Service Navigation

The impact of Eurosystem bond purchases on the repo market

Plan office with people on monitors

The impact of Eurosystem bond purchases on the repo market Research Brief | 21st edition – September 2018

28.09.2018 | Stephan Jank, Emanuel Mönch

German sovereign bonds have become scarce on the European repo market over recent years. A new analysis investigates the impact of the Eurosystem’s monetary policy asset purchase programme on the repo market, and shows that central bank securities lending can help to counteract scarcity.

In March 2015, the Eurosystem central banks began purchasing sovereign bonds from euro area countries as part of the public sector purchase programme (PSPP). Our analysis investigates the impact of this programme on the repo market. In a repurchase agreement (short “repo”), a security is sold for a – generally fixed – period of time and then repurchased. There are essentially two types of repos, which differ with regard to their collateralisation: general collateral and specific collateral repos. 
In economic terms, a general collateral repo is comparable to a short-term collateralised loan. The buyer of the security provides the seller with short-term liquidity. In return, the buyer receives a security from the seller as collateral. The buyer receives the repo rate as remuneration for the provision of short-term liquidity. In this context, any bond from a pool of equivalent securities can serve as collateral (“general collateral”). By contrast, in the case of a specific collateral repo, the focus is on the specific security that the buyer acquires via the repurchase agreement. From an economic standpoint, a specific collateral repo is – for the buyer – comparable to securities lending, and the repo rate can be interpreted as a securities lending fee. Short-term purchases of specific securities are generally motivated by delivery obligations that need to be fulfilled, short positions, arbitrage transactions, or liquidity provisions on the secondary market. In our analysis, we are focusing on the repo rate for specific collateral. 

Chart 1 shows that, since 2015, the repo rate of German sovereign bonds for specific collateral has been well below the (negative) interest rate of the Eurosystem deposit facility. The purchaser or borrower of the security therefore has to pay a comparatively high securities lending fee. This means that the targeted lending of a specific bond on the repo market is costly in relative terms, and this bond is referred to as “special”. We measure the degree of “specialness” as the difference between the deposit facility rate and the specific collateral repo rate of a given bond.  The result is known as the “specialness spread”. A comparable spread is found by calculating the specialness spread with respect to the general collateral rate.  The wider this spread, the scarcer a bond is on the market.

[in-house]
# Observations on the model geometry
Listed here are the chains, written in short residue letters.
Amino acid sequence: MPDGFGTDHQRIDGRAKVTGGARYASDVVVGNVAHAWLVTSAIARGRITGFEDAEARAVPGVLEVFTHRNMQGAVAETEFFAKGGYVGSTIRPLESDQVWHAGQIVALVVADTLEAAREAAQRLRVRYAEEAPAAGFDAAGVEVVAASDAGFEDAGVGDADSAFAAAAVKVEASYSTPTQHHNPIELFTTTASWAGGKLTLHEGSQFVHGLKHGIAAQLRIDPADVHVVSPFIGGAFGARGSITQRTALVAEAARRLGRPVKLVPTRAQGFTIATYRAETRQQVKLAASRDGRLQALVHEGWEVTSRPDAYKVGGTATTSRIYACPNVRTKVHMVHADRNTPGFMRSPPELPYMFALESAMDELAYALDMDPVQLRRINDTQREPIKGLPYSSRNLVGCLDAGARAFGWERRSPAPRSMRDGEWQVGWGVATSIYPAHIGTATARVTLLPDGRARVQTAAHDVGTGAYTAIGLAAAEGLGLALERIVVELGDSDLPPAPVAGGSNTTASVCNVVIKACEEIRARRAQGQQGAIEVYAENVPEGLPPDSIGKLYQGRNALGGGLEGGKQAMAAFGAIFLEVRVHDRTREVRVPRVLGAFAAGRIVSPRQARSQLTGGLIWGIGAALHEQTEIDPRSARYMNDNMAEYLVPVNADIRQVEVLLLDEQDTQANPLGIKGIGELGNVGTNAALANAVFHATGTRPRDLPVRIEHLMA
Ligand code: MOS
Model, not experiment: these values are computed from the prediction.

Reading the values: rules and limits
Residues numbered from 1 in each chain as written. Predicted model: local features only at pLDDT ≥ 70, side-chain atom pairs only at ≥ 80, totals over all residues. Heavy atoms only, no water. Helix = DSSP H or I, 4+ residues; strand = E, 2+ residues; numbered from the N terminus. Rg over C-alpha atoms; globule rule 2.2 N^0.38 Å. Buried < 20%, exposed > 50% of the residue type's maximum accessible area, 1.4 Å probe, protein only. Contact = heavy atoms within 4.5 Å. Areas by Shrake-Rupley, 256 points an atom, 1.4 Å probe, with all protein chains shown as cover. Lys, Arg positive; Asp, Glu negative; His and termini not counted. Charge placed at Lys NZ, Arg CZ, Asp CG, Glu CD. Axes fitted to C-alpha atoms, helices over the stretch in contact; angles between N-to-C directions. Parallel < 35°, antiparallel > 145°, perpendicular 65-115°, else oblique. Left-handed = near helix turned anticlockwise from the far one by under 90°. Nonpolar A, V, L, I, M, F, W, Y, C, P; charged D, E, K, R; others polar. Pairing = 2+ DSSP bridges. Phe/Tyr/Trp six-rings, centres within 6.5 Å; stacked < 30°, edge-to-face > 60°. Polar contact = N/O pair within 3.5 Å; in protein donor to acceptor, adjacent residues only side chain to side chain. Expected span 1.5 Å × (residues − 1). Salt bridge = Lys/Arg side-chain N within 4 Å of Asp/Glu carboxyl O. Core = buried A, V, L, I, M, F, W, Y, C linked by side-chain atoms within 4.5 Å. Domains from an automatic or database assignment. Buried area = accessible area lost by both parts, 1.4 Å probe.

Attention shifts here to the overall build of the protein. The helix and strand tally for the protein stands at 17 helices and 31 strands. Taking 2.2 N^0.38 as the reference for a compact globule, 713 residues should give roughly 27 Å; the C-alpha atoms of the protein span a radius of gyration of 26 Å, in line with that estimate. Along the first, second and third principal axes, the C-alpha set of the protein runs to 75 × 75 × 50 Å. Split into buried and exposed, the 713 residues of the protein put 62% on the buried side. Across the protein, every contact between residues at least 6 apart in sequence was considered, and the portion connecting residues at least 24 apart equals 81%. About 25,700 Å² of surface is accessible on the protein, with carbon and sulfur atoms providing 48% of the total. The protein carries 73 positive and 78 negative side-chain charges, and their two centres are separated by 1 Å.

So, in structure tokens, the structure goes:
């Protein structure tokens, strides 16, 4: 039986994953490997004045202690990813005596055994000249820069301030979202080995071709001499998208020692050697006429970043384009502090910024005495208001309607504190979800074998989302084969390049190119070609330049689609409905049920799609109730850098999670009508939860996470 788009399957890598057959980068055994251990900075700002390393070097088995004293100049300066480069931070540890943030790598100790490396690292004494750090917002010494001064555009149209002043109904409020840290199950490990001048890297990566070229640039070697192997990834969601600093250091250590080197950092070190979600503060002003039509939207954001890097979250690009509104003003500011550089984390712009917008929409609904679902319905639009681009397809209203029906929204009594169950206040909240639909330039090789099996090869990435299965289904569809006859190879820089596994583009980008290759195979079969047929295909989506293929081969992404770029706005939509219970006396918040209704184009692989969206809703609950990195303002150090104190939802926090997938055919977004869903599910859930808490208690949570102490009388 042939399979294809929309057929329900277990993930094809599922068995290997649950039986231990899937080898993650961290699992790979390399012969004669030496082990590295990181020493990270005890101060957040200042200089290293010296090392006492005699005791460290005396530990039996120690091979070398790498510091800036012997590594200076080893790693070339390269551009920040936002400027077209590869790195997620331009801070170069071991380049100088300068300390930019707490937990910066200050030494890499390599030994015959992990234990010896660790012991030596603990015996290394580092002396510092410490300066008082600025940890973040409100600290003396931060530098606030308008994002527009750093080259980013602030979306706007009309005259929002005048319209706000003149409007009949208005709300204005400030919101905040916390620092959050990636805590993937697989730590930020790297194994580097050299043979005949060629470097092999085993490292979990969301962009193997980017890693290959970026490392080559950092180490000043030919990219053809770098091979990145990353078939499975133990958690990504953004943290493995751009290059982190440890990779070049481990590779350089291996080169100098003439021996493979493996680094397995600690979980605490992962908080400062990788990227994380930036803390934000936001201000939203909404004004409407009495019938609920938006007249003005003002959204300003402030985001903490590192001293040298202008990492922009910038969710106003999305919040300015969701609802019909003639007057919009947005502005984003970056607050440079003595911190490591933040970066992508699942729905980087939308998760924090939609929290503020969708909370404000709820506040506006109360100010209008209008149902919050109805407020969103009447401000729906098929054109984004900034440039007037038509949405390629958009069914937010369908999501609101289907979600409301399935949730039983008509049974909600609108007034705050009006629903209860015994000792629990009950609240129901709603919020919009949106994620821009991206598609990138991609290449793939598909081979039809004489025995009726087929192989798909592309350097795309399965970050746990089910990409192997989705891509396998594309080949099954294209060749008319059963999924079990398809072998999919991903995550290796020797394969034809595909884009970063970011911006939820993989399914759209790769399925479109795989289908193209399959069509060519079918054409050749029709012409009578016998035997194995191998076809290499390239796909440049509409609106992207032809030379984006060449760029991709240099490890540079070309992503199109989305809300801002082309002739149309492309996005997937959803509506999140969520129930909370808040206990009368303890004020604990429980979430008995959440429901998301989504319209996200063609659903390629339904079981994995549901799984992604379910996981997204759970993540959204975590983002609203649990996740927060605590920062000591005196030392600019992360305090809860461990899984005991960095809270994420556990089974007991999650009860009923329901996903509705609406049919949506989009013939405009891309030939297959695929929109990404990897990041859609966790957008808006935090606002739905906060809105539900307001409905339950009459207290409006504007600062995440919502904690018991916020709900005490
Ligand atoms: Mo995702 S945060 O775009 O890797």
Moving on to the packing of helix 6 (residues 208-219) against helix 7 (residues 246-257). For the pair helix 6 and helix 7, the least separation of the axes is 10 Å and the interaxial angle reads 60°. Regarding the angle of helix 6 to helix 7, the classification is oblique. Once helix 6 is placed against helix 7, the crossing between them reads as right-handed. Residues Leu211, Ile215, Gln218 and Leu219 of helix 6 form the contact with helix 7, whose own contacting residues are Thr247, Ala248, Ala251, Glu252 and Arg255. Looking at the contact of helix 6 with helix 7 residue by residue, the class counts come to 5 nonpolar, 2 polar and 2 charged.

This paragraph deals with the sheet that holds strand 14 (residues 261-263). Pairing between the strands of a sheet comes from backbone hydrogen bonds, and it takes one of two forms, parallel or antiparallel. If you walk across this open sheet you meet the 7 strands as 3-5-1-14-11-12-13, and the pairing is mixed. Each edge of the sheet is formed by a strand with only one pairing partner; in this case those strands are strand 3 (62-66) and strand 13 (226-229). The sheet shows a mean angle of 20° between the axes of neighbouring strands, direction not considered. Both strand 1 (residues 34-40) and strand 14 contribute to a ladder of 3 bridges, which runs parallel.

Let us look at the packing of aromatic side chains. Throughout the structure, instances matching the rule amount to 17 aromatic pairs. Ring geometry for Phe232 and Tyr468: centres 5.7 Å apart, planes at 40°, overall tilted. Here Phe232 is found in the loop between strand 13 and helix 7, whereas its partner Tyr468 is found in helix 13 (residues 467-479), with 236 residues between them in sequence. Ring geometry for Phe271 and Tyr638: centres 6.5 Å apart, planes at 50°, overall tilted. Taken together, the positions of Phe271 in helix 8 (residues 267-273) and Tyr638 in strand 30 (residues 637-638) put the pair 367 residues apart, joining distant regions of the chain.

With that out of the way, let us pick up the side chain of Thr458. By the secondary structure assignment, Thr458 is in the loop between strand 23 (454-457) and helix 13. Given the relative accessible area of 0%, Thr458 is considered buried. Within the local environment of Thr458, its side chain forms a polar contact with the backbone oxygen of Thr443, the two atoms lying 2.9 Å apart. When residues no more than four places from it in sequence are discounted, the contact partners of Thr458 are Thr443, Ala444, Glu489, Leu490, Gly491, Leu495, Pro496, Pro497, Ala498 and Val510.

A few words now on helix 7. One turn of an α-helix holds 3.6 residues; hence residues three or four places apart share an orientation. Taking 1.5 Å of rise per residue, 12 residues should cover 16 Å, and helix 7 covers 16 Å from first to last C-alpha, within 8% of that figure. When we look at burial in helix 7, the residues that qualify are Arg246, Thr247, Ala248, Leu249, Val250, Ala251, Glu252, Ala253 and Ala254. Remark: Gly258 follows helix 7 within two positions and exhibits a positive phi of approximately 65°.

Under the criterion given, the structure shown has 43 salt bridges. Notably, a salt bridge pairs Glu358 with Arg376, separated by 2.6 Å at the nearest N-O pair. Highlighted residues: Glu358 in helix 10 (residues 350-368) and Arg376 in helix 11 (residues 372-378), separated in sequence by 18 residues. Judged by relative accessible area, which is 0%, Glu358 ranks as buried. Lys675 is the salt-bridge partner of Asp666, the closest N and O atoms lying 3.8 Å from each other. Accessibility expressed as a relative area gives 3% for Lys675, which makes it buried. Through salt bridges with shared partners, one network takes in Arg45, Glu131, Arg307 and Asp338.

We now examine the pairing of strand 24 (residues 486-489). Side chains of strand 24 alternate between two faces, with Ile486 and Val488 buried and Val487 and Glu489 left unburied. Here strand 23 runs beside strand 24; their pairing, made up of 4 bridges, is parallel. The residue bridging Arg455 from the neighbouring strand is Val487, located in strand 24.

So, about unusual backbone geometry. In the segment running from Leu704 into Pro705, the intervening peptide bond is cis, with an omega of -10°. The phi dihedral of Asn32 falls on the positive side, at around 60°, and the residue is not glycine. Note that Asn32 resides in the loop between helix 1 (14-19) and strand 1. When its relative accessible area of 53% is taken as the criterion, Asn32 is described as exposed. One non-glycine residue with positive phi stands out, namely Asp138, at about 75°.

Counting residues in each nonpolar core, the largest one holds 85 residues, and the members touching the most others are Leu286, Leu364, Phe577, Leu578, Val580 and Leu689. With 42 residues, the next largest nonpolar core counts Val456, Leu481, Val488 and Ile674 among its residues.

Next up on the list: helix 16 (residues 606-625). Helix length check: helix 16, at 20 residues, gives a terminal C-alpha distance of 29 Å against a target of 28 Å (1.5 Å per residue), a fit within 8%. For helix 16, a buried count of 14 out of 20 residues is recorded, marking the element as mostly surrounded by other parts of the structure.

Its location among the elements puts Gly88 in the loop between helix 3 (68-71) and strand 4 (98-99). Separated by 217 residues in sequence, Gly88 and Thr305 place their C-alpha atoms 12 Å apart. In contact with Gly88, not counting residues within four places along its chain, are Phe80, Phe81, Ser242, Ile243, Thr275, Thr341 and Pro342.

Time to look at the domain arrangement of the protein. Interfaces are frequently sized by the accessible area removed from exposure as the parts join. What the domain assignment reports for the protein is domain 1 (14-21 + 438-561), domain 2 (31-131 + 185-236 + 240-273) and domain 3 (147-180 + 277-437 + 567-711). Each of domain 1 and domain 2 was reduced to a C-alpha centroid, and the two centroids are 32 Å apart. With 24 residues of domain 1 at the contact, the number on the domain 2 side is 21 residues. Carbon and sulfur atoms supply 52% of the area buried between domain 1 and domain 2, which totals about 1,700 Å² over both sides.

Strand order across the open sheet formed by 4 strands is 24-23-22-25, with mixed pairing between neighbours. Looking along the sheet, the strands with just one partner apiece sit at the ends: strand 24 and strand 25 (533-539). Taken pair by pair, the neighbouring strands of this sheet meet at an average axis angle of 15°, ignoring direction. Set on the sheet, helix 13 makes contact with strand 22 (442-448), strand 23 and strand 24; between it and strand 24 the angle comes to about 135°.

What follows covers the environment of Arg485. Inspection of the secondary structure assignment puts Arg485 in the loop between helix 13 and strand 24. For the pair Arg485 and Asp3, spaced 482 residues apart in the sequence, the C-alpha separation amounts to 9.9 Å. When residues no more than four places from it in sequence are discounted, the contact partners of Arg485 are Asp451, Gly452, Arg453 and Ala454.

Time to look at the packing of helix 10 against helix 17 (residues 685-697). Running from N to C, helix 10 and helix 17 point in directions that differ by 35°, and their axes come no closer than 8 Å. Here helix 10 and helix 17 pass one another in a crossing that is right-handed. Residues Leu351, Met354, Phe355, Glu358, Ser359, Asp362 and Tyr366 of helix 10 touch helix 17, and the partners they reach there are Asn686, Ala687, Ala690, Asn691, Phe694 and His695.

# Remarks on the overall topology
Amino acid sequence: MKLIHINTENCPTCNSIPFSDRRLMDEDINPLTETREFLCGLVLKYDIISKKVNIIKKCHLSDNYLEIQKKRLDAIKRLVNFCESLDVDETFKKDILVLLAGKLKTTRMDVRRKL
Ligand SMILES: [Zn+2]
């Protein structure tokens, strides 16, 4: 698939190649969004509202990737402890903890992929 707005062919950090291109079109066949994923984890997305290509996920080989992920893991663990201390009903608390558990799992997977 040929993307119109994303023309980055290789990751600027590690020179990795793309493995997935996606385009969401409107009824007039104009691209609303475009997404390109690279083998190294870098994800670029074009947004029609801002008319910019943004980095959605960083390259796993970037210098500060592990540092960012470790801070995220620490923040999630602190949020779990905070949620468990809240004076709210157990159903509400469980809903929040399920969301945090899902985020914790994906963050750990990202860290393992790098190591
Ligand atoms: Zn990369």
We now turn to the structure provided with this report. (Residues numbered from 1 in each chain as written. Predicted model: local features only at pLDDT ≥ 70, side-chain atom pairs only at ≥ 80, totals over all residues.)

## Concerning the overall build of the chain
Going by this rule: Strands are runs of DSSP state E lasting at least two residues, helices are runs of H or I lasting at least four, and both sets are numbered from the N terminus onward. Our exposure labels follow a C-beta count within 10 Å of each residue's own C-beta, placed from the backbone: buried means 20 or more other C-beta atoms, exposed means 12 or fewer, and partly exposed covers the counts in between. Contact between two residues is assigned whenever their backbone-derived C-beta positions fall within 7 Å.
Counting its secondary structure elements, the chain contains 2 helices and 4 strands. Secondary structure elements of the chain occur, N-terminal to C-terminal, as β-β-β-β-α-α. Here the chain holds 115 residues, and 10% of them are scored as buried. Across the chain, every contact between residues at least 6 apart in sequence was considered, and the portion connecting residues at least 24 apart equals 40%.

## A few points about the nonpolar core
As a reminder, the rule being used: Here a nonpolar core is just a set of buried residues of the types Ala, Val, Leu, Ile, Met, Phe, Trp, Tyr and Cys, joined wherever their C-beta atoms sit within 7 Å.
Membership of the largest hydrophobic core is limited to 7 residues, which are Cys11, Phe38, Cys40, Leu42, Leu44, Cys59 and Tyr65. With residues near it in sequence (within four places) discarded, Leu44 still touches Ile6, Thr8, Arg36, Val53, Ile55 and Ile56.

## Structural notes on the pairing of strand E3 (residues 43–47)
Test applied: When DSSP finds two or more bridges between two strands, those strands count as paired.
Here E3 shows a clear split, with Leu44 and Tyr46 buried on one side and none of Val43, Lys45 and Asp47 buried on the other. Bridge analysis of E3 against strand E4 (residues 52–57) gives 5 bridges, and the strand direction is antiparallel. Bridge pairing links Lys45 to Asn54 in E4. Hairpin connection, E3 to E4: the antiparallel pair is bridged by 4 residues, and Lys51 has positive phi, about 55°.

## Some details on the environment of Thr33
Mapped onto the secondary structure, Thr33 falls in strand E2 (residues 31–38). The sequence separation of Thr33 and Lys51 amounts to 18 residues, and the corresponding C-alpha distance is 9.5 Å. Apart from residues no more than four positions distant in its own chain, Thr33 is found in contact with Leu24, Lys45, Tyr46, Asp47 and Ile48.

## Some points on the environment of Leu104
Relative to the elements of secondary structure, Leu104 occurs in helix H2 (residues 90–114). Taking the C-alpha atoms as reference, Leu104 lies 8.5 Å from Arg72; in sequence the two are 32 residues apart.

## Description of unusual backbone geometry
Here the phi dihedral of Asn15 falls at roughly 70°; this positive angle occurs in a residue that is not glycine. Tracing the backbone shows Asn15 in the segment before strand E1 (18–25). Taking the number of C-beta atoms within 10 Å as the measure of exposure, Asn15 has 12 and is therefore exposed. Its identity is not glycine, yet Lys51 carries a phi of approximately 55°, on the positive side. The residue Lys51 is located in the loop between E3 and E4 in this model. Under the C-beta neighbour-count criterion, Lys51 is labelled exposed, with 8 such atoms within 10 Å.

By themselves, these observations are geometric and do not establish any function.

Figure 1: Developments on the repo market

As the name suggests, specialness is actually a phenomenon that should only occasionally arise for isolated securities. However, Chart 1 shows that specialness has been more the rule rather than the exception for German sovereign bonds in recent years. Furthermore, increased volatility – i.e. the level of fluctuation in the repo rate – has been observed at year-ends and quarter-ends since 2015. This is often associated with efforts by financial intermediaries to retain German sovereign bonds, which are considered safe and liquid, and avoid offering them on the repo market on regulatory reporting dates (see BIS 2017). 

Various explanatory approaches for changes on the repo market

What are the causes of these changes on the repo market? One possible explanatory approach for the specialness on the repo market is the Eurosystem asset purchase programme. The high volume of purchases within the PSPP may lead to certain sovereign bonds becoming scarce on the market. If the purchases are made primarily from active investors on the repo market, the supply of acquired bonds on the repo market may fall.  As a result, the price of securities lending rises, which is reflected in a higher specialness spread. However, various regulatory measures implemented in the same time frame may have an impact on the repo market. For example, the leverage ratio and liquidity coverage ratio introduced as part of Basel III come into question as potential influencing factors.  

In our analysis, we investigate the extent to which purchases of German sovereign bonds have impacted the repo market. In order to isolate the PSPP’s effects on the repo market from other influencing factors, such as the regulatory measures mentioned above, we look at the cross-section of German sovereign bonds on a day-by-day basis. This panel analysis enables us to control for market-wide determinants as well as for bond characteristics, which generally influence the repo rate. Usual determinants include, for example, the liquidity of the bond, high demand for the bond due to delivery obligations arising from Bund future contracts, or periods before an issue from the Federal German Finance Agency. In more concise terms, our analysis compares the specialness of various bonds that were purchased to a different degree by the Bundesbank on a particular day.